Basic Functional issues

In developing a workflow for importing DWG/DXF files, what is the general consensus about the procedure to follow? I’m guessing the procedure might start with:

  1. Use DWG/DXF file for reference only (After other steps, lock, then trace over)
  2. Default Tag Geometry (TIG)
  3. Purge (TIG)
  4. Flatten To Plane (Eneroth)
  5. Transfer geometry to Layer 0 (CleanUp3)
  6. Scale
  7. …?

The rectangle you drew is not on the face of the wall. When you zoom in close you can see that the edges of that rectangle don’t lie on the surface.

The green is my default style’s back face color. As I mentioned before, your style with the back face color set the same as the front face color makes it difficult to identify incorrectly oriented faces. That’s a bit like putting black tape over the low oil pressure warning light so you can’t see the light. It doesn’t fix the problem.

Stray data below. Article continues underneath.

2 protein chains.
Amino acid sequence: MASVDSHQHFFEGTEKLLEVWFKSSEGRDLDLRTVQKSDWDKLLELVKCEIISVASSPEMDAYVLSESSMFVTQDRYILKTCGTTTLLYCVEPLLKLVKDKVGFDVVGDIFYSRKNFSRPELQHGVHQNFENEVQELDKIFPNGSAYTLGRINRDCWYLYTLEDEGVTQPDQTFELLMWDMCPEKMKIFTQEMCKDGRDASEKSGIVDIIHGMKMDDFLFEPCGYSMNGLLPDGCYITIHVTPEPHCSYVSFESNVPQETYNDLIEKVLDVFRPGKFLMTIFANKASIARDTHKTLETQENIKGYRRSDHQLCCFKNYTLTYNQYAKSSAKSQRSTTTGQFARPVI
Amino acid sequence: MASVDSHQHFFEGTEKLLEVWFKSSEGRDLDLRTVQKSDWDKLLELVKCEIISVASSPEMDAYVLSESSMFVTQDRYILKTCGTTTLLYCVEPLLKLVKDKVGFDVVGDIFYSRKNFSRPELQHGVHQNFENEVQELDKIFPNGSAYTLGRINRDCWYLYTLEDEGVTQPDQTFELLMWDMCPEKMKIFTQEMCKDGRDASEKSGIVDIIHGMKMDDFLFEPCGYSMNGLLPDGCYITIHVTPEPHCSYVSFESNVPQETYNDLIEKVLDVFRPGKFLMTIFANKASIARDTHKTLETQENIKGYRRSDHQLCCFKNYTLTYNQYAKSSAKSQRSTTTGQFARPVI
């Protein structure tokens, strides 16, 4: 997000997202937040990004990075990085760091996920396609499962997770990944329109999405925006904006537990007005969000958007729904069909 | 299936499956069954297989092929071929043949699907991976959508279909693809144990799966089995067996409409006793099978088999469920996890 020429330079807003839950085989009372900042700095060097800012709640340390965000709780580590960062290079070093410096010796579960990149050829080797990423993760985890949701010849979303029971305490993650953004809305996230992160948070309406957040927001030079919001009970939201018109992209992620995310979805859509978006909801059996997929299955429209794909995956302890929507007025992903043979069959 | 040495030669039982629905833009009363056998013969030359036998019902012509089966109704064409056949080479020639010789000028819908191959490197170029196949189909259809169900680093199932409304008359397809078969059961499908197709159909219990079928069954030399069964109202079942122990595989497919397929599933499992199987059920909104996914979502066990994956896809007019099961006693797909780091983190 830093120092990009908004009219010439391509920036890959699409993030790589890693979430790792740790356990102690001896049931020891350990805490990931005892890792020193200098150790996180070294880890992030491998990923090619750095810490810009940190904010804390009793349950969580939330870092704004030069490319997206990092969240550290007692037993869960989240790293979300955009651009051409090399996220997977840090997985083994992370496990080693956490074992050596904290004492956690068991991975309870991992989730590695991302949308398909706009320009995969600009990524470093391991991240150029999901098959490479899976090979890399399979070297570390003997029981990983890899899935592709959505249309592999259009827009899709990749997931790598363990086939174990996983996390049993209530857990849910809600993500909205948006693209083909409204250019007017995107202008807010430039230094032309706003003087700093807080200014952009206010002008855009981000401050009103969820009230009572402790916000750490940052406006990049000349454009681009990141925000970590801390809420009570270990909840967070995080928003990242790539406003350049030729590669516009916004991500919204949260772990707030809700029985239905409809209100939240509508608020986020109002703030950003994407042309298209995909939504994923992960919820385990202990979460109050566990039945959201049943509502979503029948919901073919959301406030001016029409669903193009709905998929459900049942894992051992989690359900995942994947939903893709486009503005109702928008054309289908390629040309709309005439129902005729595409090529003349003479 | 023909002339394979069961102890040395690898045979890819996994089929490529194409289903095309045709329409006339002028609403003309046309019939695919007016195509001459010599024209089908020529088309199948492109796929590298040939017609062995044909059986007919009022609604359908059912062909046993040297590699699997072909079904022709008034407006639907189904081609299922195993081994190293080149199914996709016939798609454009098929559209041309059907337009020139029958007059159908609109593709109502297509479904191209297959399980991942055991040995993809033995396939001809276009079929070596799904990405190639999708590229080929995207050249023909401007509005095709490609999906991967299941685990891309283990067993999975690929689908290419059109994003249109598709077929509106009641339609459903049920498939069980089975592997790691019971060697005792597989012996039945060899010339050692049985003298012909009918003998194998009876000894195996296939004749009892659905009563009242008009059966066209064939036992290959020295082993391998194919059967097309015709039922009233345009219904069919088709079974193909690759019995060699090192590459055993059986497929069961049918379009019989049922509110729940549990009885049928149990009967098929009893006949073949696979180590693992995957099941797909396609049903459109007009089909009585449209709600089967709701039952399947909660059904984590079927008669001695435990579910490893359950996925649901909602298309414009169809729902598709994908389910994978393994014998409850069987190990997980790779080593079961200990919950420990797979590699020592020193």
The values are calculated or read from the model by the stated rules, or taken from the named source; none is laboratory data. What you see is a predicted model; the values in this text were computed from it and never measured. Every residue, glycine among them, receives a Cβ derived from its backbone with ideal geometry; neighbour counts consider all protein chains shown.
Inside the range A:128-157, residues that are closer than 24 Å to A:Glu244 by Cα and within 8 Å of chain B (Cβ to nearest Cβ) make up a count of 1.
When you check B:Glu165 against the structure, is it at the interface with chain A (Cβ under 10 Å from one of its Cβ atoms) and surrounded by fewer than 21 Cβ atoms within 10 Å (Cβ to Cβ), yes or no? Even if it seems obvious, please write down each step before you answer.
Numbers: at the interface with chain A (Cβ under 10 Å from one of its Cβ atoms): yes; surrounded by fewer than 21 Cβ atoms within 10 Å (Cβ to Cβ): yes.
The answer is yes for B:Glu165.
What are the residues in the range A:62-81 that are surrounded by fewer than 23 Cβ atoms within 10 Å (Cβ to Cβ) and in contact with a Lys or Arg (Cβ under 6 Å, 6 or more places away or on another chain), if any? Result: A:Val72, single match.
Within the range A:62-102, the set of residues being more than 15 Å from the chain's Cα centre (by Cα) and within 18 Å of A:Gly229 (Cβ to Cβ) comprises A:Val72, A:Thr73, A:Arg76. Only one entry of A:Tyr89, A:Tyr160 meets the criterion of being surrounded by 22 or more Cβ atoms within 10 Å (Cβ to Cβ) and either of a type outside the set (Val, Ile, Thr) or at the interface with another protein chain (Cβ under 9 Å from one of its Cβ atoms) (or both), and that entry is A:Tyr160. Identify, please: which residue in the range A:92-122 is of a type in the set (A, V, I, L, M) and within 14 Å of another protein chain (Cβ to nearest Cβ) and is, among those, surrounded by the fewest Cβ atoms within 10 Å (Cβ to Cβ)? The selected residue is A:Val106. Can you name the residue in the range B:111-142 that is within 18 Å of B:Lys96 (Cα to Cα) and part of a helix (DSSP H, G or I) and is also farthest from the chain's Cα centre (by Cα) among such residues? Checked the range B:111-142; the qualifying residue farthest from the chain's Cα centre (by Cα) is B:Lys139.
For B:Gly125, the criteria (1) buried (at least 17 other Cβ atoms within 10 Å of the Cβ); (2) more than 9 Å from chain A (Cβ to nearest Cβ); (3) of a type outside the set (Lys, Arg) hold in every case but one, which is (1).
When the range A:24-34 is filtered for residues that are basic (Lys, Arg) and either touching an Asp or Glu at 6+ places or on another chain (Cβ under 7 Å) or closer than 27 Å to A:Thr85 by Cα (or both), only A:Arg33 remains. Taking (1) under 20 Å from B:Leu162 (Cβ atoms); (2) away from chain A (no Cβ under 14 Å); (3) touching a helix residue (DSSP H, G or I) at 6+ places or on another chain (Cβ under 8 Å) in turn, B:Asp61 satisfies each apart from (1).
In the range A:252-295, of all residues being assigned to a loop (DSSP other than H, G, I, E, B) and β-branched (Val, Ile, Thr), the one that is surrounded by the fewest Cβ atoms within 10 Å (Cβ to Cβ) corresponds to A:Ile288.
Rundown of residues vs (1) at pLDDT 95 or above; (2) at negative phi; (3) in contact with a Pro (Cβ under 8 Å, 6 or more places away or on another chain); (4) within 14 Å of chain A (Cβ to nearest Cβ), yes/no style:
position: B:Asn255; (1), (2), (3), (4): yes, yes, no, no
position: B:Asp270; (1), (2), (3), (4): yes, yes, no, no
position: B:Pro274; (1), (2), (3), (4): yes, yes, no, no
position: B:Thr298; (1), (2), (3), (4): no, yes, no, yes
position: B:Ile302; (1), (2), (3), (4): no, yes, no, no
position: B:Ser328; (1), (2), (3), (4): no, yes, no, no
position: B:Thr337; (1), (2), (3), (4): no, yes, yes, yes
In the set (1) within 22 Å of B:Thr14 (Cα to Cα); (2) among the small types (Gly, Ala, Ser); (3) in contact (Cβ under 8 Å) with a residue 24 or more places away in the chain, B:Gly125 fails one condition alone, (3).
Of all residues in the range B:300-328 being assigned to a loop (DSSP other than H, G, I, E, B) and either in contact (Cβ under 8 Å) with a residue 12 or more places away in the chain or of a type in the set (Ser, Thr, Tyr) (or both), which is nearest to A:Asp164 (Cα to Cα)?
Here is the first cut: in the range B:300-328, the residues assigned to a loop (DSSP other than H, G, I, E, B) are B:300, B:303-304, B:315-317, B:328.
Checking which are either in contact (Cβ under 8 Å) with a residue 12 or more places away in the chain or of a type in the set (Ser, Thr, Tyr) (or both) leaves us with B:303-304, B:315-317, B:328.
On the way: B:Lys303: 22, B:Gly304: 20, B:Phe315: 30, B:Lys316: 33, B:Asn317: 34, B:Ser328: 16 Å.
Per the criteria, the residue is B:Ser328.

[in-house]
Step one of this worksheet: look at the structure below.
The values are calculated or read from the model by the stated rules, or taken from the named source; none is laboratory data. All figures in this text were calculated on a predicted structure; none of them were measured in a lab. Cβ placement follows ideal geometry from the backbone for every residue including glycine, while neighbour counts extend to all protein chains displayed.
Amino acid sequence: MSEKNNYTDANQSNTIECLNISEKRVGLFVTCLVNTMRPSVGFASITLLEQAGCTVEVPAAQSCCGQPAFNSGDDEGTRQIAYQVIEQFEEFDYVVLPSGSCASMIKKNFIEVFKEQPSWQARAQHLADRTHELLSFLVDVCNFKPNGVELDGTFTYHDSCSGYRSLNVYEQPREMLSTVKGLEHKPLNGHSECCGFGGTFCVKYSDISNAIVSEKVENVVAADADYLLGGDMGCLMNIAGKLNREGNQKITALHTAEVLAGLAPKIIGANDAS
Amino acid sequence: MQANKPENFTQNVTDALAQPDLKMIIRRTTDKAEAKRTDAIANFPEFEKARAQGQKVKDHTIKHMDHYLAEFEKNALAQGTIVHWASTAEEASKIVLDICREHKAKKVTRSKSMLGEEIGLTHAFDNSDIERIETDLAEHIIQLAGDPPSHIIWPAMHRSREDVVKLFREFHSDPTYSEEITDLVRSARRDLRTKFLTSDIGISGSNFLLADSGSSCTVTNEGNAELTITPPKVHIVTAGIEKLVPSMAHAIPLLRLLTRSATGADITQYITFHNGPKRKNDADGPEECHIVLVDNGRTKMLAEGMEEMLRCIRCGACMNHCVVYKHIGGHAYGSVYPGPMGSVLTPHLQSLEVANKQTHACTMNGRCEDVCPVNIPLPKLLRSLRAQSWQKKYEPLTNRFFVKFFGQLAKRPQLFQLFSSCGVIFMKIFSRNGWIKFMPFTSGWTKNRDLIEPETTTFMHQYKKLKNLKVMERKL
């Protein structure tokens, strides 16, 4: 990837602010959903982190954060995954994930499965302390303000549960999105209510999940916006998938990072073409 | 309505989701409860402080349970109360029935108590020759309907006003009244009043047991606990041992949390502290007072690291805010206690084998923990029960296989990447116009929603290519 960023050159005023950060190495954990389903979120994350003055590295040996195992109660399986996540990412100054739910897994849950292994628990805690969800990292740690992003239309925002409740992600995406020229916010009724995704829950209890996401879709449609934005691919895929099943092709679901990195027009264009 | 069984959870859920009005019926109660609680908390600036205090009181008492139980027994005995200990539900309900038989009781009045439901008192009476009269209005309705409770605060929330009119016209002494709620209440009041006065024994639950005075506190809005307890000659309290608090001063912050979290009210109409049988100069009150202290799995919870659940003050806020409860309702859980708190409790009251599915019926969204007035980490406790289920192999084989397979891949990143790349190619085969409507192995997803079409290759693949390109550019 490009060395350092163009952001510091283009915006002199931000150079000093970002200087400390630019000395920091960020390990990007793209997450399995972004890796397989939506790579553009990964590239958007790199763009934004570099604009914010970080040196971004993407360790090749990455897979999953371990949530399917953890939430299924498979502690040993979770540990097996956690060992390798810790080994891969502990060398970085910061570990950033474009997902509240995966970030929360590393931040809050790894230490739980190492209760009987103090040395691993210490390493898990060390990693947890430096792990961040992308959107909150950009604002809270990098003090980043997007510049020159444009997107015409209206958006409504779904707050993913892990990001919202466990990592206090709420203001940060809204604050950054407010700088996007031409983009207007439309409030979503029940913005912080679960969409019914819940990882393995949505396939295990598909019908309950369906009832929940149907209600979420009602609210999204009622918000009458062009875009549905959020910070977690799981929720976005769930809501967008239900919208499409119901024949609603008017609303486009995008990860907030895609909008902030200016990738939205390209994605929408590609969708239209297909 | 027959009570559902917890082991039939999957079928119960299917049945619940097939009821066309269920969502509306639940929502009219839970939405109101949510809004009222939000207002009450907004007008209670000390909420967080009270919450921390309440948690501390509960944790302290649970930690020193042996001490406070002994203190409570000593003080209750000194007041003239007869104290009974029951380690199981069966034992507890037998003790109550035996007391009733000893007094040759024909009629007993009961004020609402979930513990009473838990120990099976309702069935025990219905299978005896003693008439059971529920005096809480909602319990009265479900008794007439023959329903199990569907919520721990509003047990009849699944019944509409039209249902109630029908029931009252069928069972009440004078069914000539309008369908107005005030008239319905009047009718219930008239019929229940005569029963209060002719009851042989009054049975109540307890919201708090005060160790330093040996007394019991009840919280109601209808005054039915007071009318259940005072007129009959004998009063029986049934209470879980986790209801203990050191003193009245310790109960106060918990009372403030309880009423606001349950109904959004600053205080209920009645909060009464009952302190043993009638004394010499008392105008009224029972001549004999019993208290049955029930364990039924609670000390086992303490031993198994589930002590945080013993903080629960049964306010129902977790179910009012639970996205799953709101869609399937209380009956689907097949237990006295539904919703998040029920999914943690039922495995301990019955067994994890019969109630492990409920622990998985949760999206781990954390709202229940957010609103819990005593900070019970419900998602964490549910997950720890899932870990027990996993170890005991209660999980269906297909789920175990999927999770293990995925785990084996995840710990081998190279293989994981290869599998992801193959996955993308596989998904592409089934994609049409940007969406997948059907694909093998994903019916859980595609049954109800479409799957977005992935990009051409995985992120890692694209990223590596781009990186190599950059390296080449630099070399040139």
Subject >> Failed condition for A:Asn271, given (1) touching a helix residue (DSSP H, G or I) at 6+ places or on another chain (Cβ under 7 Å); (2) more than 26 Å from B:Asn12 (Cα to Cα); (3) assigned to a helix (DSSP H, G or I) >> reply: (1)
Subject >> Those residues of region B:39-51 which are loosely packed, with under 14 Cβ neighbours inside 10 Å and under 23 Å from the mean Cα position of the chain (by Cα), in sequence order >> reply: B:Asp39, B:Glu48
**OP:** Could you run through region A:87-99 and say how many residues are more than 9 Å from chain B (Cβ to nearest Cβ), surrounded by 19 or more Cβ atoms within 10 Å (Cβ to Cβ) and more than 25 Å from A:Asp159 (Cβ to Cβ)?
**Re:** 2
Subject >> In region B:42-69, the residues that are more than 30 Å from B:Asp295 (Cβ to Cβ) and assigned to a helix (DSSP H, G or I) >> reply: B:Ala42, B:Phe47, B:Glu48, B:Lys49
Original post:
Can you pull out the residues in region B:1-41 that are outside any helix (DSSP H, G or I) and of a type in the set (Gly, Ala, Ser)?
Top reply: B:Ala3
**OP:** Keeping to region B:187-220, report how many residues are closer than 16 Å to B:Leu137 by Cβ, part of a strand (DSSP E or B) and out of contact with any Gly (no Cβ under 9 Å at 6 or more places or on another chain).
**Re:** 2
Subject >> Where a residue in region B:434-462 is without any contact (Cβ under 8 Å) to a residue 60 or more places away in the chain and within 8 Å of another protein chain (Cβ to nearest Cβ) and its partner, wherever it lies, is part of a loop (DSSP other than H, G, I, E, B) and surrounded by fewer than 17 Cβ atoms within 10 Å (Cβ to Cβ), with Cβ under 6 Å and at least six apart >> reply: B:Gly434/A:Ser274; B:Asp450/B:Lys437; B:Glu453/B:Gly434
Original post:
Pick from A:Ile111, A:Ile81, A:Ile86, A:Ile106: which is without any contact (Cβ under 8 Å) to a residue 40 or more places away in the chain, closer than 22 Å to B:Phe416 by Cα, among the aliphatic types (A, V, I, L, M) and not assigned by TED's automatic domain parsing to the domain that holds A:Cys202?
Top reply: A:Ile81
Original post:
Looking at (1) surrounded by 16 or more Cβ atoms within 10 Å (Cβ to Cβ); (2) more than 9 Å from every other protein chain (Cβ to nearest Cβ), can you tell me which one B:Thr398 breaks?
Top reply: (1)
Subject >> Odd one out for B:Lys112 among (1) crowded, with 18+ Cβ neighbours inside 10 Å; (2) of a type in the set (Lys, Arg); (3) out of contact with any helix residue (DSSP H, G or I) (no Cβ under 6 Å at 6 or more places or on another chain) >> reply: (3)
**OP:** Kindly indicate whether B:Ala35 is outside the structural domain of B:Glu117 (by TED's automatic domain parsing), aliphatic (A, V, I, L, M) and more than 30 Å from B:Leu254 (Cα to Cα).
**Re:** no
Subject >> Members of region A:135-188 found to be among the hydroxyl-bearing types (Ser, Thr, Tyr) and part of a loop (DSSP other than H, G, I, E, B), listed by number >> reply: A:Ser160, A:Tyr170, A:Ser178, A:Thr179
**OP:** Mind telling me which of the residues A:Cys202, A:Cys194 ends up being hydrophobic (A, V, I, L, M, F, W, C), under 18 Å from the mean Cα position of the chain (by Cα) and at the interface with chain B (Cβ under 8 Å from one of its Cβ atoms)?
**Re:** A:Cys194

I ran TIG’s Default Tag Geometry on your model and got this.
Screenshot - 5_4_2021 , 2_09_55 PM

Interesting. I’m wondering why and how I drew that square off of the surface in the first place.
My guess is that somehow I have microscopically mis-alligned major sections of the model.

I have questions regarding the back face color and styles but will search for other posted threads first and try to find out a little more about it. I just don’t know enough about it to have a conversation. I do remember that you mentioned in the past that rendering requires a different backface color.
The ‘30x40 soft linework style’ I’m using is from a really good architect in Maine who uses AutoCAD lite for production work - and SU only (no rendering) for design development and client orientation and presentations. I don’t know a lot about styles yet.

It doesn’t help that the walls aren’t square to each other and that wall isn’t parallel to the red axis